Batchman melds the best of engineering and sociology into renewable energy
Ted Batchman has spent his whole life looking toward the future. Batchman, professor of electrical and biomedical engineering and former dean of the College of Engineering, has spent more than 40 years as an engineer, but when he talks about renewable energy he sounds a lot like a sociologist.
“I’ve had quite a bit of background in and have always been interested in looking at how technology and sociology essentially interact,” he said.
In July 2008, Batchman stepped down after 13 years as dean to become the Founding Director of the university’s Renewable Energy Center at the Redfield Campus. He is a persuasive advocate for lessening the country’s reliance on oil for three interconnected reasons: security, economics and global warming.
“We are very dependent on other countries for oil and we’ve created a tremendous dependence on countries that aren’t dependable,” he said.
Developing countries are using more foreign oil as well, which increases the competition for limited oil reserves. Batchman said China is importing approximately 60 percent of their oil while the U.S. is importing about 70 percent.
“President Obama and his administration want to get rid of our dependence on foreign oil, create U.S. jobs and create green jobs that are based on renewable energy,” he said.
Although renewable energy technology was developed in the U.S., manufacturing has been outsourced, posing another economic issue. Batchman mentioned that General Electric, for example, is the only American company among the top five wind turbine manufacturers in the world.
He said about 50 percent of the energy used in the U.S. is in homes, including the 12 percent used in manufacturing home-building materials.
“Our houses have gotten bigger with more space to heat and cool, but we haven’t invested in the technology on energy savings within our homes,” Batchman said. “But most of our buildings, including homes, businesses and schools could become energy efficient with retrofitting.”
Batchman said a good portion of recent federal stimulus money is going into retrofitting, but the process has been slow.
“We are completing thousands of retrofitting projects per year rather than the five-to-ten million projects that are needed to significantly lessen our energy usage,” he said.
Batchman believes educating young people – and educating the older population – is crucial in changing current energy consumption behavior.
“We’ve always been the ‘Land of Plenty’ and we’ve never thought about our use of energy,” he said. “Look at Europe. They’re much more conscious of energy. Our older generation has to be taught how to conserve energy and we need to have some government policy to make it economical for them to do so. Younger generations are more interested and aware of the problem.”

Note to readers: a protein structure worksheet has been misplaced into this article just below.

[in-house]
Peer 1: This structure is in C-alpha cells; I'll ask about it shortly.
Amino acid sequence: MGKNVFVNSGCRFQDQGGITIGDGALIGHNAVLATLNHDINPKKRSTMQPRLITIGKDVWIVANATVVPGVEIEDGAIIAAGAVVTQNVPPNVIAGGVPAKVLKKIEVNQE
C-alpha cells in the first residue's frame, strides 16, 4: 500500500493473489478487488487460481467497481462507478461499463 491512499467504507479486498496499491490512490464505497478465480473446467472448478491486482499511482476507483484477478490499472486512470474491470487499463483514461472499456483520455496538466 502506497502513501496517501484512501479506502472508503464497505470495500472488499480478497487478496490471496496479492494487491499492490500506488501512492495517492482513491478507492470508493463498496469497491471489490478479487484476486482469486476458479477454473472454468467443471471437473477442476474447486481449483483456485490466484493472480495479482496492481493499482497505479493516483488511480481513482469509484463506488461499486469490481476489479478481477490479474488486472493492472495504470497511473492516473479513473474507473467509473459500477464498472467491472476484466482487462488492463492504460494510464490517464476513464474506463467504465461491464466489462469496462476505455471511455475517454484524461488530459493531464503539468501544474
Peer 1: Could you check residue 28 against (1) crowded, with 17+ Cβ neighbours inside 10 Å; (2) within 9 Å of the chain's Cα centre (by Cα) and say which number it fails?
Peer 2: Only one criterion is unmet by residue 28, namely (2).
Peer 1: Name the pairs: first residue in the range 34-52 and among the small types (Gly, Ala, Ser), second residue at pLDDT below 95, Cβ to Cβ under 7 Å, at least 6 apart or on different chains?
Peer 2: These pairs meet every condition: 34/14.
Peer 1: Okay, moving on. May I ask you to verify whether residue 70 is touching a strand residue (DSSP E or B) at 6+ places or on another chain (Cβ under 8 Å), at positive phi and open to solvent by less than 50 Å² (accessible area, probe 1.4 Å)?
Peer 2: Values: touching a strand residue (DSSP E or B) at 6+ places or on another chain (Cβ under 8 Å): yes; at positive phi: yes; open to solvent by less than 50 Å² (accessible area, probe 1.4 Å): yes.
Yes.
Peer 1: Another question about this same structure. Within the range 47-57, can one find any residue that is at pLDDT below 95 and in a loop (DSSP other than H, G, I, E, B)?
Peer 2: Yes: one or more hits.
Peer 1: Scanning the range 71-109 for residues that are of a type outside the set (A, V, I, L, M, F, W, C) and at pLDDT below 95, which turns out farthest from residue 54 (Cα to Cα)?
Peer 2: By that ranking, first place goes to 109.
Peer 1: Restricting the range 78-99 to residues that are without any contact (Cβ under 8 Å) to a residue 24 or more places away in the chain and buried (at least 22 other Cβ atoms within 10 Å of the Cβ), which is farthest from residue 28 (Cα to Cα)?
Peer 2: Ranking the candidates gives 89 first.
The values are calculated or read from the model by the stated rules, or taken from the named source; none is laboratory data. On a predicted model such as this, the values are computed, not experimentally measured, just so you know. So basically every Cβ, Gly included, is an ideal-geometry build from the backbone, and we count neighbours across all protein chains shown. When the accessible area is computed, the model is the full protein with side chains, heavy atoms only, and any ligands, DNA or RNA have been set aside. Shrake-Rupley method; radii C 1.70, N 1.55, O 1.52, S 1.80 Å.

Batchman said offering short courses such as a weekend classes through University of Nevada Extended Studies and Cooperative Extension that target an older population could help create awareness and teach new energy-saving skills.
“And education itself will not do it,” he explained. “We need legislation to mandate change – and then it becomes a policy issue. Policy and technology have to be closely intertwined to move us forward so we become energy efficient.
“We need to educate our political leaders as well. In teaching our young people, we’re educating our future political leaders.”
To help accomplish the task, Batchman has teamed up with Political Science Professor Chris Simon to teach an introductory class (PSC 110, Introduction to Renewable Energy) on politics and renewable energy. Demand is high. The class has already filled up so the two are looking for a larger room to accommodate more students.
In the short term, Batchman is especially keen on natural gas as a solution to the energy crisis because it is a more secure source of energy than oil.
“The U.S. has tremendous reserves of natural gas that burns cleaner, although it still emits CO2 into the environment,” he said.
Batchman believes T. Boone Pickens, the Texas billionaire, has put forward an intriguing policy idea in converting all 18-wheelers in the U.S. from diesel to natural gas, a three-year plan that could have an immediate impact.
A longer-term solution lies in developing an economic transition to a non-carbon based, renewable energy economy.
“The U.S. needs to be a leader in renewable energy,” Batchman said. “It affects everybody and it’s not a one-discipline solution. For renewable energy to succeed, so much depends on social acceptance.”
Batchman carries one key message as he continues looking toward the future: “Energy is all our responsibility and we have got to be aware of this responsibility,” he said. “We need to solve the problems for our children and grandchildren – now – because if we don’t, the climate change and the lack of economical energy resources is going to haunt our grandchildren and they are going to ask us why we didn’t do something about it.”
- By Jean Dixon